Saturday, May 19, 2018

Great Gobs Of GOUMIS! (How And Why To Grow Them)

Ever heard of goumi berries? No? Welcome to my world about seven years ago and prior. I first heard of them on a prepper podcast where the podcaster was listing different fruits to try growing. Being into permaculture, his emphasis on the bush that produces them was that it fixes nitrogen into the soil, as do legume plants. 

Three years after planting my own four sticks labeled “goumi” into the orchard, I’ve come to appreciate them for much more than the benefits they bring to the soil. 

Advantages of growing goumis

Goumi branches up close and personal.

Advantage #1

They do great in our humid subtropical climate…without getting sprayed with a fungicide. They seem to be completely immune to every kind of fungus out there – unlike the strawberries, peaches, Asian pears, mulberries, apples, grapes we’ve planted.

Advantage #2

Their size is manageable for even small backyards. They stay relatively short, six to eight feet tall – no ladders required during harvest – and you space them four to seven feet apart, depending on whether you want a hedge or not. If you plant them four or five feet apart, however, you will probably need to so some pruning once or twice a year.

Advantage #3

This goes hand-in-hand with the first advantage: they are low-maintenance. Unless you have to make them conform to a small space, they don’t need pruning and they can be grown in a wide range of soils.

In my experience, they are somewhat drought tolerant, as I only give each bush about a gallon of water once or twice a week during the dry part of summer and though the leaves do end up looking stressed, the next spring they grow back bigger and more prolific than ever.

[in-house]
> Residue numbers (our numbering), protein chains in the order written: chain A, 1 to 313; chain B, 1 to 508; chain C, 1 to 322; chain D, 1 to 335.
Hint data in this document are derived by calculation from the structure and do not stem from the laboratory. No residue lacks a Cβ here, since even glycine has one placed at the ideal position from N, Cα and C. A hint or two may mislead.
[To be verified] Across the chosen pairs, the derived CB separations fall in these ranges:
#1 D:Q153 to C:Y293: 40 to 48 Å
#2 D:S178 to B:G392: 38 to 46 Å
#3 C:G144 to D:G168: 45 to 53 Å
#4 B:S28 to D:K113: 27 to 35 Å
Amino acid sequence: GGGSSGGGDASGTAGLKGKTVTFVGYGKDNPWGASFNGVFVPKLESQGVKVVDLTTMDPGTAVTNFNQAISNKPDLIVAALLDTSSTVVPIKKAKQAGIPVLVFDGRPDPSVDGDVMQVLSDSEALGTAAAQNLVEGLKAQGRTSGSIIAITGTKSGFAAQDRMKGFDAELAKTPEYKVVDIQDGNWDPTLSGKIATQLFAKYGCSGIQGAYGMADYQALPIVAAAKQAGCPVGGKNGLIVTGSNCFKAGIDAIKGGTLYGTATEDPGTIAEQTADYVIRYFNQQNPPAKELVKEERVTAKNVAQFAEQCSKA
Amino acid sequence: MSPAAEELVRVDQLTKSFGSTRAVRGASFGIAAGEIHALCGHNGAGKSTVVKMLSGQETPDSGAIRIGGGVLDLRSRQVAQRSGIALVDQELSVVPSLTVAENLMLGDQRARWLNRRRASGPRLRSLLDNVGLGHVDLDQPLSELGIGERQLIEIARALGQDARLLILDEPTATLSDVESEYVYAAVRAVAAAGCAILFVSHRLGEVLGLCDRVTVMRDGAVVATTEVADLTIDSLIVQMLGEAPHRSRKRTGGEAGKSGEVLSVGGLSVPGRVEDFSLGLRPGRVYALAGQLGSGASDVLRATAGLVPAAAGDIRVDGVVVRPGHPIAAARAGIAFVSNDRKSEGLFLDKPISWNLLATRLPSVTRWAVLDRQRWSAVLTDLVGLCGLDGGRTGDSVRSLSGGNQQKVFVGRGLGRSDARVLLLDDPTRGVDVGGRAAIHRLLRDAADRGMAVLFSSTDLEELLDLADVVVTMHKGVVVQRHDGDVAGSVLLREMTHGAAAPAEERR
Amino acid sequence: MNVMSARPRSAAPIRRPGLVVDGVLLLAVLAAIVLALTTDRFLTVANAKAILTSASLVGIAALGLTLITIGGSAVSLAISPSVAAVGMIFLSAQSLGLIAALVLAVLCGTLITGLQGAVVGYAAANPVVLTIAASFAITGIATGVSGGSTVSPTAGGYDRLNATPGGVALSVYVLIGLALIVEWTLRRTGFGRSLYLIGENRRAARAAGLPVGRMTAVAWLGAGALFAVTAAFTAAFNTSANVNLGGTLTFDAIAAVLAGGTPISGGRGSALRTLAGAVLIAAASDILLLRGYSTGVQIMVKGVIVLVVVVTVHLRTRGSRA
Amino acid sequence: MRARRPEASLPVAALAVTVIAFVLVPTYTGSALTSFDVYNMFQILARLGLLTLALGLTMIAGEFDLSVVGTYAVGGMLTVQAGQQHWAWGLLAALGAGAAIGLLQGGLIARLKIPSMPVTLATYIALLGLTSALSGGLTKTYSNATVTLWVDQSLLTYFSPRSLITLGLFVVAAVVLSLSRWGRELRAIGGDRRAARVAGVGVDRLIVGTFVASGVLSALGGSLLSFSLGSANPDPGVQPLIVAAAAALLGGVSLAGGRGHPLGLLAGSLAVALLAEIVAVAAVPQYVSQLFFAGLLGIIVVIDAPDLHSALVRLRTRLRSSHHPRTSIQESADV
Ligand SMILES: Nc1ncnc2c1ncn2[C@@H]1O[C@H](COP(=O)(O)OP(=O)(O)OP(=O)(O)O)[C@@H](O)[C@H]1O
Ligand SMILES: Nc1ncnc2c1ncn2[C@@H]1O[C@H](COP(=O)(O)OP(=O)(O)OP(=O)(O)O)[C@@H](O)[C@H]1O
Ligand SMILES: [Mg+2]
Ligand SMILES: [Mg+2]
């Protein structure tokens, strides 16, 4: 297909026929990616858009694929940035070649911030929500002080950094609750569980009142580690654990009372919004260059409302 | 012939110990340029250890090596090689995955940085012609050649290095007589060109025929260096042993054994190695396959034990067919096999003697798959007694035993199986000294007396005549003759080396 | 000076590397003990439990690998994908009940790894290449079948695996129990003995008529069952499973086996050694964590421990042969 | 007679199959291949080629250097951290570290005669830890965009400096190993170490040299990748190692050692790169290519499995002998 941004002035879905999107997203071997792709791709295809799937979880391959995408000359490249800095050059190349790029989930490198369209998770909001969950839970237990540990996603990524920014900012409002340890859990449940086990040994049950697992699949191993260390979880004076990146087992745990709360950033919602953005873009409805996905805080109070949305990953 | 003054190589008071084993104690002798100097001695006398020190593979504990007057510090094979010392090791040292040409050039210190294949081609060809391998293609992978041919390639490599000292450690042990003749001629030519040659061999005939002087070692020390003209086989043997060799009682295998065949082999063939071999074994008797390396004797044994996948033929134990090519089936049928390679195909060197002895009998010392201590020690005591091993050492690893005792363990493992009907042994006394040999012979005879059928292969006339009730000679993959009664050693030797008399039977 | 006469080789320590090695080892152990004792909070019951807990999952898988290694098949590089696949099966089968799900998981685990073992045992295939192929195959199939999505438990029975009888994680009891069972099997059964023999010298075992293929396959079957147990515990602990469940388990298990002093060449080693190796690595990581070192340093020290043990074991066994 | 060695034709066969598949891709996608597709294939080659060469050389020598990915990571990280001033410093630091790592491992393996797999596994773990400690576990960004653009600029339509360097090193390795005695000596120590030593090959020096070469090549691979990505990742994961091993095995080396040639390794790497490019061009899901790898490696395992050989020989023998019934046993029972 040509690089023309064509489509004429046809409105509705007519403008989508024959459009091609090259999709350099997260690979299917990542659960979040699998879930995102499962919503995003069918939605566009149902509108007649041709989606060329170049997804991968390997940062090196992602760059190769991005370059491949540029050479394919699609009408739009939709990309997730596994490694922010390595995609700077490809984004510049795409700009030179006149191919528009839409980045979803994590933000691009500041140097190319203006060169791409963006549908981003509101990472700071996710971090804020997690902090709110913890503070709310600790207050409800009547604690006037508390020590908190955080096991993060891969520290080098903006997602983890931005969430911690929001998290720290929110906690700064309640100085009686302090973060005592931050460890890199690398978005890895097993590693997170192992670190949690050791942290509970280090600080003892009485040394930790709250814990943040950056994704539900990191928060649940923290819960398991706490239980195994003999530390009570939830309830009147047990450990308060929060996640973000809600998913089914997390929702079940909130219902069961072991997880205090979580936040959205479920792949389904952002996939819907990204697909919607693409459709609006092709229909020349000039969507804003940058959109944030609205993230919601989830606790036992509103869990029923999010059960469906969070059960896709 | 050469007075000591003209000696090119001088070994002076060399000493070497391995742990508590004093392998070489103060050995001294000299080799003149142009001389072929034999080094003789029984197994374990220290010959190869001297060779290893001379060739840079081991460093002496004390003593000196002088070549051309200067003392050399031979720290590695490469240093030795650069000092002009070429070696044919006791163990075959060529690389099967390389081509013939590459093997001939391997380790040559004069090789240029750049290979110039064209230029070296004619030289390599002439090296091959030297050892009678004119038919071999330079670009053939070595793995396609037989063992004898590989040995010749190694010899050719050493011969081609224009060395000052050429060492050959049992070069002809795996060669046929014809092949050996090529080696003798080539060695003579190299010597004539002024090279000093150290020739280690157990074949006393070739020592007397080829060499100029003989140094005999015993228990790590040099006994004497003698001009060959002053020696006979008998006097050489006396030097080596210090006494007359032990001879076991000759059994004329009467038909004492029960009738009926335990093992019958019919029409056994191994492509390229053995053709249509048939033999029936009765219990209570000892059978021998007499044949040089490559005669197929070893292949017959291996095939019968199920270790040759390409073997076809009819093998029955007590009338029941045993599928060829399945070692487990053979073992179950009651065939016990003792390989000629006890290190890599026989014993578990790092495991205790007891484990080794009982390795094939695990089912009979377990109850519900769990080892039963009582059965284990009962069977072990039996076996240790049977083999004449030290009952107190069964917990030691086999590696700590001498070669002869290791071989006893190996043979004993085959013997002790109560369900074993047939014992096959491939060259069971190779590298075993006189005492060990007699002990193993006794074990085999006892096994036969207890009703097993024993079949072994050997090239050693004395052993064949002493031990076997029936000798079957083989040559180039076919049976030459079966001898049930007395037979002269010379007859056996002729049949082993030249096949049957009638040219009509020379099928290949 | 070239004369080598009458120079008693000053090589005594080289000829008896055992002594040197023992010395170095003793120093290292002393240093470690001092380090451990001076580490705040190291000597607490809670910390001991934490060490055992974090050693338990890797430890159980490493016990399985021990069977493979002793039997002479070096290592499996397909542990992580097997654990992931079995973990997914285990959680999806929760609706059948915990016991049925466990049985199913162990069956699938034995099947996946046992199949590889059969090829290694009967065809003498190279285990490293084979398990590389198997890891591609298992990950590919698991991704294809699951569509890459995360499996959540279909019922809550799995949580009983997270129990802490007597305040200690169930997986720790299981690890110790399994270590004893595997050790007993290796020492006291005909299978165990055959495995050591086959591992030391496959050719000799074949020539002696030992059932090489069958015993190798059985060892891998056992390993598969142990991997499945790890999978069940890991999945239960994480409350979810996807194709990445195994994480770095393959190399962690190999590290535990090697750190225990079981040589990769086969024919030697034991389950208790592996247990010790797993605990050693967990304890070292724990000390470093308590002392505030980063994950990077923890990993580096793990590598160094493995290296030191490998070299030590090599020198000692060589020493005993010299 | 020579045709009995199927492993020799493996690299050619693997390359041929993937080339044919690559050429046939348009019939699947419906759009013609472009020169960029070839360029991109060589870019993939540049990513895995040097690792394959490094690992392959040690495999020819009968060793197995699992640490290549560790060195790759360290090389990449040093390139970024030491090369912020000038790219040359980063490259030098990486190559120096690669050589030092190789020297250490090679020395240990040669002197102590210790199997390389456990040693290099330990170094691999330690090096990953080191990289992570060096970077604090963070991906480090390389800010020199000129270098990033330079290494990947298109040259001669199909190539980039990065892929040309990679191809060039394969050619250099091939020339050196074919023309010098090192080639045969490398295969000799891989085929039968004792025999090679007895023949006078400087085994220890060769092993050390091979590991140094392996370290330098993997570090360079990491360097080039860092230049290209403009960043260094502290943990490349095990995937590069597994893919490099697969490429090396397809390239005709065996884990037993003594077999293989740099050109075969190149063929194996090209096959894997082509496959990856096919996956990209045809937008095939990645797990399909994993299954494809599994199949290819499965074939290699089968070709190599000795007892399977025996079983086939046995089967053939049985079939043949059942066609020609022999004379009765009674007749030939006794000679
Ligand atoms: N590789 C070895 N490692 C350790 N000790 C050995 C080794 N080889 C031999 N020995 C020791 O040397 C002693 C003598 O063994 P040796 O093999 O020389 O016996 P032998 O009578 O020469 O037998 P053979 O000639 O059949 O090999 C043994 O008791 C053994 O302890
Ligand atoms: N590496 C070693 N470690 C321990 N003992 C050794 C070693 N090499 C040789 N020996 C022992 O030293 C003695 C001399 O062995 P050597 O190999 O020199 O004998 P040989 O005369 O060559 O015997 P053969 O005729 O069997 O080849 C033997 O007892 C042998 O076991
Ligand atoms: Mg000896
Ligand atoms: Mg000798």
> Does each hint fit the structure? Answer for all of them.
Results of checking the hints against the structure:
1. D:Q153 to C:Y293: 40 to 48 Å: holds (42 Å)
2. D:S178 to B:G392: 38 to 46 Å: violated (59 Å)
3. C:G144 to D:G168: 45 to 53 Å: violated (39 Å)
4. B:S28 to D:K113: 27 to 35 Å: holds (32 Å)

BUT…you have to understand two things. First, the bushes have more than six inches of wood chips around them (touching the trunk, the Back To Eden way). Second, because of where we live we begin harvesting in mid-May. Unless the area is suffering through a drought, we get probably half of our annual rainfall March through May, so the bushes get plenty of natural irrigation up until the time of harvest. This will not be true in many northern areas, where goumis are typically not ready to harvest until August.

Which brings us to the next advantage:

Advantage #4

Wherever you live, the goumis are ready to harvest before or between the harvest time of other fruits. This means two things: first, you’re not slaving away having to harvest several types of fruit at once, and second, you’ve got some kind of fresh fruit coming into your house at a time when you normally wouldn’t.

Advantage #5

Goumis are a great source of nutrition. From the website page
Goumis are high in vitamin A and E, bioactive compounds, minerals, flavinoids and proteins. Their lycopene content is the highest of any food and is being used in the prevention of heart disease, cancers and in the treatment of cancer. Cooking the fruit increases the lycopene content. The fruits and seeds are an excellent source of essential fatty acids as well which is very unsual for a fruit. The seeds are also edible although somewhat fiberous, and are especially high in proteins and fats.

Advantage #6

Goumis are self-pollinating. So if you only have room for one bush, you can grow just one bush. HOWEVER, they will produce more if you have one variety that helps to pollinate the variety you have.